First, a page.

Mortgage FAQs: Part 1

February 1, 2019 By ,

Frequently Asked Questions About Mortgages

We know that mortgages may seem complicated, but with decades of experience under our belts, we also know how to navigate just about any home loan. There are some common questions we think are important to understand before you start the home-buying process. Here is Part 1 of a multi-part series with some of the most commonly asked questions we get about mortgages.

What Are Debt Ratios/DTI Ratios?

  • During your loan process, your mortgage banker will likely refer to your “DTI” or “debt-to-income” ratio. You might also hear the terms “housing ratio” or “front end” or “back end” ratios.
    • Housing Ratio, or front end ratio, is your total monthly housing expense divided by your pre-tax monthly income.
    • Debt ratio, debt-to-income, or back end ratio, is your total monthly housing expense plus any recurring debts such as car payments, credit cards, or other loan payments, divided by your pre-tax monthly income.
    • Your debt ratios are important to your loan qualification because the lender uses the DTI as part of the overall risk assessment in giving you a loan.

What Are Reserves?

  • Reserves are the extra funds available in your asset accounts (bank, retirement, investments) after your loan closes.
    • Most of the time the lender will analyze reserves in terms of how many months of housing payments the available reserves will cover. In general, it is a good idea to have at least two months of reserves available after accounting for all the funds to close your loan.
    • Different loan programs have different requirements for how much reserves are required, so your mortgage banker will go over this with you during your prequalification process.

What is Mortgage Insurance?

  • Mortgage insurance helps protect the lender in case the borrower defaults on their loan.
    • This is not the same as homeowners insurance.
    • It does not pay the mortgage for you if you lose your job.
  • Mortgage insurance is typically required for loans with a down payment less than 20%
    • Oftentimes, mortgage insurance can be canceled once you reach a specific amount of equity in your home. There are certain requirements which must be met before that happens. You can read more about canceling Mortgage Insurance on our website.

What Are Mortgage Points/Discount Points?

  • Mortgage Points/discount points are a one-time fee you can opt to pay in exchange for a lower interest rate.
    • One mortgage point equals one percent of your total loan amount. Your mortgage banker will discuss market rates with you, as well as your options to pay points to lower your interest rate. Lenders are required to provide a free written fee estimate for the fees tied to your loan financing. This will most likely come in the form of a Loan Estimate, which will specifically show the amount of credit or cost associated with the interest rate disclosed. These fees will also be disclosed again in the Closing Disclosure statement you will receive at the end of the process.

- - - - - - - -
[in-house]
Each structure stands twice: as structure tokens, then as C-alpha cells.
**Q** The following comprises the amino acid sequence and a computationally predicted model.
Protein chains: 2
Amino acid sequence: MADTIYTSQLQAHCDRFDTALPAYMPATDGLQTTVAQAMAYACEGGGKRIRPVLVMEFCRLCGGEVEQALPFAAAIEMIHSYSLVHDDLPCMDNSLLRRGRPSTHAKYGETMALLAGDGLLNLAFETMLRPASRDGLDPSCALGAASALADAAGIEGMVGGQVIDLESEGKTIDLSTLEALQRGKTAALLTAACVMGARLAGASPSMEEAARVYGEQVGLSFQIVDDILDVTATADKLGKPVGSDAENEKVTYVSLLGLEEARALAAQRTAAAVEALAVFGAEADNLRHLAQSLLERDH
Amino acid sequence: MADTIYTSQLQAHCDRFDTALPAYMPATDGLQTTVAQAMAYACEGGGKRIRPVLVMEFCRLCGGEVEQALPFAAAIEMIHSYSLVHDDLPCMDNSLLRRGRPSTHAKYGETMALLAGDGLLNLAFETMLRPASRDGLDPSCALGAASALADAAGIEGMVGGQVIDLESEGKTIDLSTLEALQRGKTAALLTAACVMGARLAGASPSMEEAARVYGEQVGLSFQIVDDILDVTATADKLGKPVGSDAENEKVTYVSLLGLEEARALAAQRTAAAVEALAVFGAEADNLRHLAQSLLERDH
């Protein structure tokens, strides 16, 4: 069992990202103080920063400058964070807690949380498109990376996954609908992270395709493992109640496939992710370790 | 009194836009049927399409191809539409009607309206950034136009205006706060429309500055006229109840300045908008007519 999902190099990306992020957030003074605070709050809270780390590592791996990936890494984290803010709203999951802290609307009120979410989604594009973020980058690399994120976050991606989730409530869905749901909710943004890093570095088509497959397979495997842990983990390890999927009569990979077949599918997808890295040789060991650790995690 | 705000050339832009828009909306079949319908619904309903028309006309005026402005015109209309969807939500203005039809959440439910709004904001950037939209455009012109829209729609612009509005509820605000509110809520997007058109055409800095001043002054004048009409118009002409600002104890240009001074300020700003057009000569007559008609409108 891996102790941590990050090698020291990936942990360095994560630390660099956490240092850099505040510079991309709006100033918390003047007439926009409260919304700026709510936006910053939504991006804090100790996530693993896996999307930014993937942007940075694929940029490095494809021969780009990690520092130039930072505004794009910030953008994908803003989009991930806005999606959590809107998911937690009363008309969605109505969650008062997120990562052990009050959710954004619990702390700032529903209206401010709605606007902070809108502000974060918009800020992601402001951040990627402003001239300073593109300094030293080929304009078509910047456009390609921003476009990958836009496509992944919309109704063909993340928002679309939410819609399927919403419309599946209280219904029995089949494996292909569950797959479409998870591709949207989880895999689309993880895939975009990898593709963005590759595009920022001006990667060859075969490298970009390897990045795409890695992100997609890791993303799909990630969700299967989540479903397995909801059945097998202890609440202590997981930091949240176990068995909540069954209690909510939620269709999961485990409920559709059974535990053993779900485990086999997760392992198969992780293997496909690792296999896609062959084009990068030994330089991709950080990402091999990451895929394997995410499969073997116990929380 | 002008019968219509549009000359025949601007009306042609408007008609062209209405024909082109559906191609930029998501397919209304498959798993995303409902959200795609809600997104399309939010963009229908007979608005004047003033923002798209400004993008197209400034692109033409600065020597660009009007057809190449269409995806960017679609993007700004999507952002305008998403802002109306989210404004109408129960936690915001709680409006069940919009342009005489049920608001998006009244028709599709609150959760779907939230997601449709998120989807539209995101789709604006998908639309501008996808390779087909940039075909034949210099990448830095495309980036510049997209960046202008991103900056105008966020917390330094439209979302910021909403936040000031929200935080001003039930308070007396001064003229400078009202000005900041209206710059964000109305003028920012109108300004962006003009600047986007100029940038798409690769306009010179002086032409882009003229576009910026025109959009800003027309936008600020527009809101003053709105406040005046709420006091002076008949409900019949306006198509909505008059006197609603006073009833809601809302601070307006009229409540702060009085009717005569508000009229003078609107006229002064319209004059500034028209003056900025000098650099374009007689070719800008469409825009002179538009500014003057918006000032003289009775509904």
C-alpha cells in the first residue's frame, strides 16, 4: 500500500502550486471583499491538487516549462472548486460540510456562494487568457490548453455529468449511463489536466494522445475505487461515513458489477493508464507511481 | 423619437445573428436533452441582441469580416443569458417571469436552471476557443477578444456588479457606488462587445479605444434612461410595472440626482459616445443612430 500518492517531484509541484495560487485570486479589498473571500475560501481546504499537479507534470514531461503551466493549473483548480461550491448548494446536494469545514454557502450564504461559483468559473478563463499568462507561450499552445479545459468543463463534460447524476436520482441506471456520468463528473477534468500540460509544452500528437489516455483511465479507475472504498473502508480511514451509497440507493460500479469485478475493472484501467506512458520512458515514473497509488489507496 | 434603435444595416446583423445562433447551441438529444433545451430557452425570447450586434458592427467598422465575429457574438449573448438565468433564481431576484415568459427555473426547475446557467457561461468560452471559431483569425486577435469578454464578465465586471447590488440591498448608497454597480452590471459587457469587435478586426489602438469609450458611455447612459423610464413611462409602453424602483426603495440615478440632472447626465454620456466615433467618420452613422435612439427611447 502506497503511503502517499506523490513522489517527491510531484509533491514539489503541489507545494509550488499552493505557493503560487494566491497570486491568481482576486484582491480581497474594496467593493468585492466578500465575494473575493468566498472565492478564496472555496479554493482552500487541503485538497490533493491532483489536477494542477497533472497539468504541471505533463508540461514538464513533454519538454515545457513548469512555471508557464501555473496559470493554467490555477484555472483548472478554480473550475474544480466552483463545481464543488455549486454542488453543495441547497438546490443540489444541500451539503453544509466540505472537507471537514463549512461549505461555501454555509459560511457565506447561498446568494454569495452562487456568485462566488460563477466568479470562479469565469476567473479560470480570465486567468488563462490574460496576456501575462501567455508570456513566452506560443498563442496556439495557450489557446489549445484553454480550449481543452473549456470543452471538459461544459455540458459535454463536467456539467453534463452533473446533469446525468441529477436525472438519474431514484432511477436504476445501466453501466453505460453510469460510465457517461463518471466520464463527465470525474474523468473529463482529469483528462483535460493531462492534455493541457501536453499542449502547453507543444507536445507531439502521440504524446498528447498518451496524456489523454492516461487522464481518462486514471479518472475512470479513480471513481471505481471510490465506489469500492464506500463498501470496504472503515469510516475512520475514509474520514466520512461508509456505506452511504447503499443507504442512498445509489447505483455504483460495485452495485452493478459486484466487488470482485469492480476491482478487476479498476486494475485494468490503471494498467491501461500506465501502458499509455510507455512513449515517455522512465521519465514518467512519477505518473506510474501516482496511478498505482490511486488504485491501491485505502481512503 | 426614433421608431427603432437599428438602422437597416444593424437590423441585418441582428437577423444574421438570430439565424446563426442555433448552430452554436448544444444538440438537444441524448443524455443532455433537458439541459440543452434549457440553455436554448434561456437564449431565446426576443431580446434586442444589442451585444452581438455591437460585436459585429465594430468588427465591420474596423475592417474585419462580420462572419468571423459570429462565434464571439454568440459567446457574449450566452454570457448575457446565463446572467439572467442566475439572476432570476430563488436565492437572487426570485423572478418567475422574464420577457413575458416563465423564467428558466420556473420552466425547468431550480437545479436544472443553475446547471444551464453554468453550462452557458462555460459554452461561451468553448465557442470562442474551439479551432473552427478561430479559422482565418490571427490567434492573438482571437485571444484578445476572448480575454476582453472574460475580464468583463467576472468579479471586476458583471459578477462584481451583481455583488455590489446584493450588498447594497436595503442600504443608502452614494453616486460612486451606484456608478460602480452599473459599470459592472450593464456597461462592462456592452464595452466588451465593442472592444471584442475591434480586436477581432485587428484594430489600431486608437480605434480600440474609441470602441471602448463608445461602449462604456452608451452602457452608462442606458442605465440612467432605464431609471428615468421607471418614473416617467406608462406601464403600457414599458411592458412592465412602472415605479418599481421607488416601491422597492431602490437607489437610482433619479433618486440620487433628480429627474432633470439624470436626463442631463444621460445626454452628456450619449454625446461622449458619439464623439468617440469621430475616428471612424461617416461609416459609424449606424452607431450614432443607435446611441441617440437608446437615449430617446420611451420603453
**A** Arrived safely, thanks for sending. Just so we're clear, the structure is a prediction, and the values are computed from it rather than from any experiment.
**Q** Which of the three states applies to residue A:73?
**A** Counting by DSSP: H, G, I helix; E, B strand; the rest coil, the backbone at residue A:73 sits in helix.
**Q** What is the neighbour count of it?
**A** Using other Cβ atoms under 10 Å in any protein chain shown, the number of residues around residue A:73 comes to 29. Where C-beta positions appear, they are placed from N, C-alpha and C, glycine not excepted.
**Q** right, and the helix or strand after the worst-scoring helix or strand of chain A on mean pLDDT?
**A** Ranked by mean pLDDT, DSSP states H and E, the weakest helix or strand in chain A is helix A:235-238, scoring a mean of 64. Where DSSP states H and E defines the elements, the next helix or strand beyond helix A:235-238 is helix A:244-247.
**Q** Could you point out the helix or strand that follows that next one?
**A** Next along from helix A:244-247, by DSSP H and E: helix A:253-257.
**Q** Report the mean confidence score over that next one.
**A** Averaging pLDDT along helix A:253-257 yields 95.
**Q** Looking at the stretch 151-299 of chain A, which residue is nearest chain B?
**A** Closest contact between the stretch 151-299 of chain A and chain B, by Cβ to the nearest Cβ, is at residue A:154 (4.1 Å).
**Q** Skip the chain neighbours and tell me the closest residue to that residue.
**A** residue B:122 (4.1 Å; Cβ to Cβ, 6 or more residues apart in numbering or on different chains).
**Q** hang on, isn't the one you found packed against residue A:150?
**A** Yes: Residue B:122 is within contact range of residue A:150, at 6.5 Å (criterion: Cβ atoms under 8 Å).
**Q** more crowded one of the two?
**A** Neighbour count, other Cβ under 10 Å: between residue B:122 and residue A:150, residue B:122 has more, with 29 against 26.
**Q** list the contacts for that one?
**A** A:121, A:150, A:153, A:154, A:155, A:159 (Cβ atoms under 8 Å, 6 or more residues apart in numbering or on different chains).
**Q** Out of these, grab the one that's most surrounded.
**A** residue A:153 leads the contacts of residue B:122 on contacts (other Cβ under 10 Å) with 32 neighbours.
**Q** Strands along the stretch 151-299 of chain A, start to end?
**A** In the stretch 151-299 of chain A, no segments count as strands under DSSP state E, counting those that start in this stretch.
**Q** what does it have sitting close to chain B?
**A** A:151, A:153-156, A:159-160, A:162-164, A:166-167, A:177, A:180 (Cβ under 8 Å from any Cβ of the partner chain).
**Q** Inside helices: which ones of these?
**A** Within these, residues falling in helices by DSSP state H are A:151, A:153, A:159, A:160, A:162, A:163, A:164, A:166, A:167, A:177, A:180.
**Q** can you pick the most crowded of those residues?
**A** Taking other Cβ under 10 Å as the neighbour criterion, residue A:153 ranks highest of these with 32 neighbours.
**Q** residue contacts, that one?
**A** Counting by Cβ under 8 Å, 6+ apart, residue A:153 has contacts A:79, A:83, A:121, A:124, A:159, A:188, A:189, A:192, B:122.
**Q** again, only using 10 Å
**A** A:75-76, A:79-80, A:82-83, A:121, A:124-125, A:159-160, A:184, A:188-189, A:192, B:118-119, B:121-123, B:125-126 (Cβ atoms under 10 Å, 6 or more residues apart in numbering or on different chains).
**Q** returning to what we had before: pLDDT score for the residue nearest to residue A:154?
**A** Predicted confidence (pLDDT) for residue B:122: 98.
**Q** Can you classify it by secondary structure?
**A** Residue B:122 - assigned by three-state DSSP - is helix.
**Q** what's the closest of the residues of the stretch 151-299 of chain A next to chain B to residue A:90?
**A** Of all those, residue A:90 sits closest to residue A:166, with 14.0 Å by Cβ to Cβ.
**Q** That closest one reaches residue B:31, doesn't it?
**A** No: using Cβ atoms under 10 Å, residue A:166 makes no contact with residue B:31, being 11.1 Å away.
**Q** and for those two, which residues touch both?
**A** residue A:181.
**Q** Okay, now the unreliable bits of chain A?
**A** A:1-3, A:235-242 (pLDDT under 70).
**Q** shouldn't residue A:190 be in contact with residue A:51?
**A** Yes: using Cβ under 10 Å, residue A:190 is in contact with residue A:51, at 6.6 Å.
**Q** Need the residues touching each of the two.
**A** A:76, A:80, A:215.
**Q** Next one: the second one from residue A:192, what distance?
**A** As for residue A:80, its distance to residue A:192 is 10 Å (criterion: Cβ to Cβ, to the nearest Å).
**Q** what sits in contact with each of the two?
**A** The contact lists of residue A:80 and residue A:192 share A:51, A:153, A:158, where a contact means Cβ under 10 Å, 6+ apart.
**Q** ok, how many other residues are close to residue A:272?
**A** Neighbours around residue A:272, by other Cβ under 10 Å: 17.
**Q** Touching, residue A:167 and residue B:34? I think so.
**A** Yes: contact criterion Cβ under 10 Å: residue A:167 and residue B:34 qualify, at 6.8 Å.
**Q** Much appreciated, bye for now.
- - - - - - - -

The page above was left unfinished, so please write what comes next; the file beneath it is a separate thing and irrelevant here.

What is APR? Why is it Different than the Interest Rate?

  • Annual Percentage Rate (APR) is the total of the interest rate plus other costs such as fees, discount points, and some of the closing costs expressed as a percentage.
  • The interest rate calculates what your actual monthly mortgage payment will be, whereas the APR measures the total cost of a loan.
    • After you’ve applied for a home loan, you’ll receive a Loan Estimate from your lender. The Interest rate will be listed toward the top of the first page, in the section where the payment is broken out. The APR will be listed on page 3 in the comparisons section. Usually, you will notice a difference between your APR and your interest rate right away. The APR is frequently higher than the interest rate because of added fees. APR is a comparison tool. Interest rates, loan fees, and points can vary from lender to lender and depending on the loan program. The APR can always be used to compare multiple loan products accurately.
    • Try comparing a loan’s APR to its advertised interest rate. An APR that’s significantly higher than the interest rate might indicate a red flag that added costs are attached to the loan. You can read more about the difference between APR and interest rates on our website, and your Mortgage Banker can also help you compare and better understand your loan fees and the APR.

 

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